11. Photographs from the 1800s place faces on the names in Zephaniah Conner’s Bible, 2014
  12. Postcard from Oaxaca, Mexico: Favorites on the food front, 2015

Thanks for dropping by every once in a while. Love hearing your feedback.

alamo-full-page

 

The Curse of Madarasz Park: Another Ghost Wandering in Brackenridge Park?

Sometimes in the middle of the night, lions and wildcats can be heard crying out from the San Antonio Zoo by people living in neighborhoods more than a mile away from Brackenridge Park. Or so they say. I’m not convinced that some of those cries might not be a woman’s screams….

Shortly before coming to San Antonio to star in a silent film shooting in San Antonio in 1923, Martha Mansfield predicted what fashions stylish women would be wearing that fall:

The straightline frock, slim and narrow, is back for another season…. in lustrous satin of white or pastel shades.

The Hamilton News, July 2, 1923

After breakfasting in the company of friends at the St. Anthony Hotel on the morning of November 29, she unfortunately traded a narrow, fashionable frock for one of yards of fabric billowing over layers of crinolines. She donned the gown for her role as a daughter of the Confederacy falling in love with a Union soldier in The Warrens of Virginia, written by William Churchill de Mille, Cecil’s older brother. Brackenridge Park was selected for the day’s shooting because it:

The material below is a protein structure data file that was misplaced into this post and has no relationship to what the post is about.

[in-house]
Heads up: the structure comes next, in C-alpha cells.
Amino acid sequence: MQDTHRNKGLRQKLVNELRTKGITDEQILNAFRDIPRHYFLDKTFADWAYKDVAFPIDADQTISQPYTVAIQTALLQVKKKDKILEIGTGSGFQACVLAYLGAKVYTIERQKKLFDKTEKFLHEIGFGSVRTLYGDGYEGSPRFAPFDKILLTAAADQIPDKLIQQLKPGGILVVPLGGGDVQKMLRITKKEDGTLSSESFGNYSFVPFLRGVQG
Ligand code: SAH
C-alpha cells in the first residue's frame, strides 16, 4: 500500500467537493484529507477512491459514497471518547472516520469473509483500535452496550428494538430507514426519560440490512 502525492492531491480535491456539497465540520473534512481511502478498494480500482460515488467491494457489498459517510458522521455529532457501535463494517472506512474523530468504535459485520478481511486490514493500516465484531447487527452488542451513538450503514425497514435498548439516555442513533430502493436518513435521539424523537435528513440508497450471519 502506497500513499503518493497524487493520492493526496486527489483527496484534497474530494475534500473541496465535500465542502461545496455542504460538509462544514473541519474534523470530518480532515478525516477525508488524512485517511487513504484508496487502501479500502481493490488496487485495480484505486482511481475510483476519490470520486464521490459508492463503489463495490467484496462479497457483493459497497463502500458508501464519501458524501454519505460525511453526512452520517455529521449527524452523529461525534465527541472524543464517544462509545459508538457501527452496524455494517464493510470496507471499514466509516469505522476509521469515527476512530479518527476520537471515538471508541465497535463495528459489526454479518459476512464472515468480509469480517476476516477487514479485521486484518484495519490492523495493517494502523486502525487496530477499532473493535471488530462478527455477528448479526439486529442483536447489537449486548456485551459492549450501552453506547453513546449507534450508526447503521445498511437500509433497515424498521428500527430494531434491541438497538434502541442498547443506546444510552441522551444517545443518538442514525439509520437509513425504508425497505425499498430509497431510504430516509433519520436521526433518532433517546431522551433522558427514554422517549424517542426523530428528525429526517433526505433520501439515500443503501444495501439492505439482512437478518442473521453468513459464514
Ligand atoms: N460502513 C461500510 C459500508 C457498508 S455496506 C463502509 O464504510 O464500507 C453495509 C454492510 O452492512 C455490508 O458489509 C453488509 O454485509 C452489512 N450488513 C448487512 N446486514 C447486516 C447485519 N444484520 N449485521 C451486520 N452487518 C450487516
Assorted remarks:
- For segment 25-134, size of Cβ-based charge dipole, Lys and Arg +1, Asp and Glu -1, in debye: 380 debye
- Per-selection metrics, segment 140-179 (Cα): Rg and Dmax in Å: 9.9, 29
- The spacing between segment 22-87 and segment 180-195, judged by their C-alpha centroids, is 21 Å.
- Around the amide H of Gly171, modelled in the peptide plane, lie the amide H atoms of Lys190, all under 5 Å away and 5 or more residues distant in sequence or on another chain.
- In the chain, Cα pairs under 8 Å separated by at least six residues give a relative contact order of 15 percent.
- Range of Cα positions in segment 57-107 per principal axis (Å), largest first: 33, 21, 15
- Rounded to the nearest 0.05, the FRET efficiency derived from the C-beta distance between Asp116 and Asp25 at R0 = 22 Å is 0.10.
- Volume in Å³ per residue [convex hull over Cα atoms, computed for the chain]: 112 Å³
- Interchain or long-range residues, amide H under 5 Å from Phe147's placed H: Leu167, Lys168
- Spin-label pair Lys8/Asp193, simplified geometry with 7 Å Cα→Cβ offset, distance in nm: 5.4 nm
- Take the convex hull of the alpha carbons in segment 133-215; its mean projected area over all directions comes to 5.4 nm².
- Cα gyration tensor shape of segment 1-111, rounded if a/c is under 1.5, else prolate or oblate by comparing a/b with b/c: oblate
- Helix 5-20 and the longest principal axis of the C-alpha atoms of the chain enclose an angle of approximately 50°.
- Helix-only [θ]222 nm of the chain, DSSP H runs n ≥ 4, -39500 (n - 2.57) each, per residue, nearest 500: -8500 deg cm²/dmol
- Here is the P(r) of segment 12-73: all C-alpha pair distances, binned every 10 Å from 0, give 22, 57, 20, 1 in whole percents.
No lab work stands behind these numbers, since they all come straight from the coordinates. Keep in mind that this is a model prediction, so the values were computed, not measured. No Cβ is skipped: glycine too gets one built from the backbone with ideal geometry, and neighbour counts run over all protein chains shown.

contained a picturesque group of rag pickers’ shacks that would do very well for the servants’ quarters of the Southern plantation….

The Ogden Examiner, December 30, 1923

Her chauffeur parked the car near the set, and, during a break in filming, Martha retreated inside to relax. Shortly thereafter she emerged “screaming from her limousine, a flaming torch.” Leading man Wilfred Lytell threw his jacket over her head and face to protect her from the flames as the chauffeur frantically flailed to extinguish them. Although she was rushed to the hospital, she died from the severe burns on November 30.